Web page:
HED: Cochran, Lott to battle for Senate majority leader seat

HED: Cochran, Lott to battle for Senate majority leader seat

By Marty Russell

Daily Journal

A Mississippian will be the U.S. Senate majority leader for the first time in history, the state’s two senators predicted Thursday as the long-anticipated contest for the post between the two men with markedly different leadership styles got under way.

While initially a number of senators had expressed interest in becoming majority leader after incumbent Bob Dole announced Wednesday he was resigning to focus on his presidential bid, Thursday it appeared only two candidates, Thad Cochran and Trent Lott, remained in the running.

“The indications today are that this could be a race that includes only Sen. Trent Lott and myself,” Cochran said Thursday.

Lott sounded confident Thursday that he had the votes to become majority leader. He has been serving as assistant majority leader under Dole since winning the No. 2 post as majority whip by one vote last year. The election vaulted Lott, who entered the Senate in 1989 after serving 16 years in the House, over Cochran, the state’s senior senator who has served in the Senate since 1978.

Cochran now serves as the Senate Republican Conference chairman, the No. 3 leadership post in the Senate.

“You never have the vote until the vote is taken,” Lott said of the coming election for majority leader. “But I feel very good about the response I’m getting from my colleagues.”

Cochran said, “I don’t know how it will turn out, but I’ve been encouraged by enough senators to run that I have announced I am a candidate.”

No date has been set for the election among Senate Republicans, but both Cochran and Lott said they expect it to come within the next few weeks. Dole’s resignation takes effect June 11.

Different styles

A factor in the election will be the two men’s leadership styles and political stances. Cochran is considered more moderate and more diplomatic, while Lott is characterized as conservative and combative, much like House Speaker Newt Gingrich who would be his counterpart in that chamber if Lott were elected.

While Lott appeals to younger, more staunchly ideological senators, Cochran has support among older, more moderate members.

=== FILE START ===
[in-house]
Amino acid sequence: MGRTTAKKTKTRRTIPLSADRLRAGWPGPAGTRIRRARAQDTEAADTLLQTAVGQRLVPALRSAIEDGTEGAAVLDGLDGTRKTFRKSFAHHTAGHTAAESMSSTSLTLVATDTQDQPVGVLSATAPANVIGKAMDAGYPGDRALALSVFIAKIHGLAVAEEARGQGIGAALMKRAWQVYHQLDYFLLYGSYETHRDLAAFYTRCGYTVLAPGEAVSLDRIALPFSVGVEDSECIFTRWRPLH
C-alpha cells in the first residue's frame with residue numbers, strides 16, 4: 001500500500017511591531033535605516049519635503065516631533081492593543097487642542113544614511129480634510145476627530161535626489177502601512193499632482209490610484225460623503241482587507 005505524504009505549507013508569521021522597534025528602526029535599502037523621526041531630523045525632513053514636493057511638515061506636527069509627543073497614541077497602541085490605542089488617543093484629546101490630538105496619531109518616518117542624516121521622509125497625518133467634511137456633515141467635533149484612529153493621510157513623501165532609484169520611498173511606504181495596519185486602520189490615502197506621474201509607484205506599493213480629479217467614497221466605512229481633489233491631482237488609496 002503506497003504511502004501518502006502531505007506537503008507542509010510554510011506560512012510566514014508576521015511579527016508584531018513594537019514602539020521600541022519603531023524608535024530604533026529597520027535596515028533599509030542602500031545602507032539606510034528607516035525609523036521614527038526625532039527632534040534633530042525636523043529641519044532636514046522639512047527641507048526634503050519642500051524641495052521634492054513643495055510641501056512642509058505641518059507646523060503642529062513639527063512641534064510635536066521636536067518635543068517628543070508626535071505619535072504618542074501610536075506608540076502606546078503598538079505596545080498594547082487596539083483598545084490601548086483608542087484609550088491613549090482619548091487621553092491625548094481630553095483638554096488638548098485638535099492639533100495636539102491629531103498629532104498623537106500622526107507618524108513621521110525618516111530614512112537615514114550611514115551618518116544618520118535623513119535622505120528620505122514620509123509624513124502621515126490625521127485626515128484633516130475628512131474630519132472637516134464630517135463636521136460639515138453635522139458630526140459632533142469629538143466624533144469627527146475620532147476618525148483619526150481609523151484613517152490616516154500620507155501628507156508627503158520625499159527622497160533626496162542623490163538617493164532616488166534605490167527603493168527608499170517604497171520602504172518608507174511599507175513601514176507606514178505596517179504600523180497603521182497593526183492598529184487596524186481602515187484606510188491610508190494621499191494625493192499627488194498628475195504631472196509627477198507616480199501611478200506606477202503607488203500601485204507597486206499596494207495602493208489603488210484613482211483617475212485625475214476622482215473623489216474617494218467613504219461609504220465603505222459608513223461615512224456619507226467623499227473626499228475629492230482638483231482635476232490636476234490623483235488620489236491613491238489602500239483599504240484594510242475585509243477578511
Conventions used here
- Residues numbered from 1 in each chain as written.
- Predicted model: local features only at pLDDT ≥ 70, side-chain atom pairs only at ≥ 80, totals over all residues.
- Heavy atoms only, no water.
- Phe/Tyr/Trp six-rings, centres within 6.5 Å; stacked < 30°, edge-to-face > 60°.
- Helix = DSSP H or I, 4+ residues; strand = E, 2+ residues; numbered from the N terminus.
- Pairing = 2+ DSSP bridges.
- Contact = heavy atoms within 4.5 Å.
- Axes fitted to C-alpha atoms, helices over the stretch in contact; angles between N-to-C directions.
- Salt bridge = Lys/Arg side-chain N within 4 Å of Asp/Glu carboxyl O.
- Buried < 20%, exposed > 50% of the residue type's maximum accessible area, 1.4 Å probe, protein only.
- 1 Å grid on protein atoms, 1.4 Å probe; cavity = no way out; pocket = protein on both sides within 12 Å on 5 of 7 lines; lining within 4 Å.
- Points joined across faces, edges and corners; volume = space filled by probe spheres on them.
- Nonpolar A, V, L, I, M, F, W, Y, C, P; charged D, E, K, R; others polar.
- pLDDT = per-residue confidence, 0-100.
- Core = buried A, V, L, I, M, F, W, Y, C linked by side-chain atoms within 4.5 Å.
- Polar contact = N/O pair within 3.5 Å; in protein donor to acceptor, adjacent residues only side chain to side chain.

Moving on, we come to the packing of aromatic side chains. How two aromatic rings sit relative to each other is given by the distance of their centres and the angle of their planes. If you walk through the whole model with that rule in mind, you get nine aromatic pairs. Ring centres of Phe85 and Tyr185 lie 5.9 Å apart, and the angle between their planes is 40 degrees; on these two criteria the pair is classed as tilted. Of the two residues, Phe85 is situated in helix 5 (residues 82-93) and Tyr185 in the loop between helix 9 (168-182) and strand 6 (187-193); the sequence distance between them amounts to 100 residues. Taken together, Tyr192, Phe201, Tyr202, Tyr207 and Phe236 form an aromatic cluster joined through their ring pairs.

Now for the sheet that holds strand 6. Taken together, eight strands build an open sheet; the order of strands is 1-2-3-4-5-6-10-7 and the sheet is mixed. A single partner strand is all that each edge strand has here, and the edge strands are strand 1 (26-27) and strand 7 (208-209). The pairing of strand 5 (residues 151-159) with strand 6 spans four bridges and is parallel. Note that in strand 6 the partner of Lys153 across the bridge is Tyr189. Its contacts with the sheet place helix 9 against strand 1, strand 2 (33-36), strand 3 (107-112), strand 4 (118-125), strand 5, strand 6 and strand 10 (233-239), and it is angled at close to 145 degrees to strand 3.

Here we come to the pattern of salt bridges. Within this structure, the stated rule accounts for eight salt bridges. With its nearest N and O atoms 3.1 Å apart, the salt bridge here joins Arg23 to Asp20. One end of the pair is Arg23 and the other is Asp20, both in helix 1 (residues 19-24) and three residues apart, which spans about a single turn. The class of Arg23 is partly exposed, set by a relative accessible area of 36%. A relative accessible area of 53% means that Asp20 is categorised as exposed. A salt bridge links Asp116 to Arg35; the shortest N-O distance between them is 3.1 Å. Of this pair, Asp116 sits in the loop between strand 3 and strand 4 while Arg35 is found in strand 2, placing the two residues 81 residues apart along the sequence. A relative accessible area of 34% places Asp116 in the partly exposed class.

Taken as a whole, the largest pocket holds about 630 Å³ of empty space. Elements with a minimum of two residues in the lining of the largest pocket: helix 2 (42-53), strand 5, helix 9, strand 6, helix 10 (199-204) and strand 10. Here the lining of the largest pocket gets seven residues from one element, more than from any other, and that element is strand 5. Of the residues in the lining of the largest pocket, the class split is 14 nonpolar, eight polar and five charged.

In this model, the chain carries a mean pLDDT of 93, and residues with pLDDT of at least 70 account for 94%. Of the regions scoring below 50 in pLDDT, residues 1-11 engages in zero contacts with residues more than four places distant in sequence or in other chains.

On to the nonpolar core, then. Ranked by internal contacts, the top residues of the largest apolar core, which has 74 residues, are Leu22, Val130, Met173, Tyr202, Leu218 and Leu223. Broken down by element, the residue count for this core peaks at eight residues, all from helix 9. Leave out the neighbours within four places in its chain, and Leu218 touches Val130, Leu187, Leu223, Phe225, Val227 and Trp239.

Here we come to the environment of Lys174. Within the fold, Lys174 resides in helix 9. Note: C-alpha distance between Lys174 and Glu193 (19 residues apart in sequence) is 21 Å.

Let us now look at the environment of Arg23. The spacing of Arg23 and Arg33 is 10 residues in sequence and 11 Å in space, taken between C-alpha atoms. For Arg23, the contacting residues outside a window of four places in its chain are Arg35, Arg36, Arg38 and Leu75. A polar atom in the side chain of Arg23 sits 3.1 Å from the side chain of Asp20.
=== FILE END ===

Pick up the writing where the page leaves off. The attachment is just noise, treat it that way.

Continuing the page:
That may be in Lott’s favor. University of Mississippi political science professor Dr. Marvin Overby said Senate Republicans have become more conservative with the influx of a lot of new, young members, many of whom formerly served in the House with Lott.

“They’re going to have some serious soul searching to do,” Overby said of Senate Republicans. “(Being majority leader) requires a strong personality but someone who’s willing to listen and be conciliatory. That takes a certain flexibility of character to take half instead of all. That, in the end, cuts more in Cochran’s favor.”

But Lott, who has been running for the majority leader spot even before Dole announced his resignation, has the advantage of being a proven vote-getter in his role as majority whip.

“One thing I can do, I can count votes,” Lott said, adding, “I don’t want 35 or 36 out of 53. I want 53.”

He indicated he was so confident that he has the votes that he expects Cochran to withdraw from the race.

“I hope before the election my colleague decides not to go through with running,” Lott said. “Thad is a wise man and I think he’ll think about it.”

When asked if he thought a direct confrontation on the ballot between himself and Lott could be avoided by one candidate withdrawing, Cochran said, “I would like for (Lott) to withdraw tomorrow and continue to serve as whip. He’s been a very outstanding whip in the Senate.”

Overby said Lott has some advantages in the race but isn’t likely to reach his goal of winning with 53 votes.

“My instincts tell me Lott will win but it won’t be so lopsided to make Cochran pull out,” Overby said. “That’s my guess.”

Both Lott and Cochran, who have served an equal number of years in Congress, with both elected to the House in 1972, said the race would not create animosity between themselves or impair their abilities to represent the state.

“We’re going to run this campaign in such a way based on friendship and mutual respect so that when it’s over we’ll both be able to work like we have in the past in a cordial and cooperative manner,” Cochran said.

Lott said, “There will be no hard feelings on my part. We have not always agreed on everything but we have been able to put that aside and work in the best interest of our state.”

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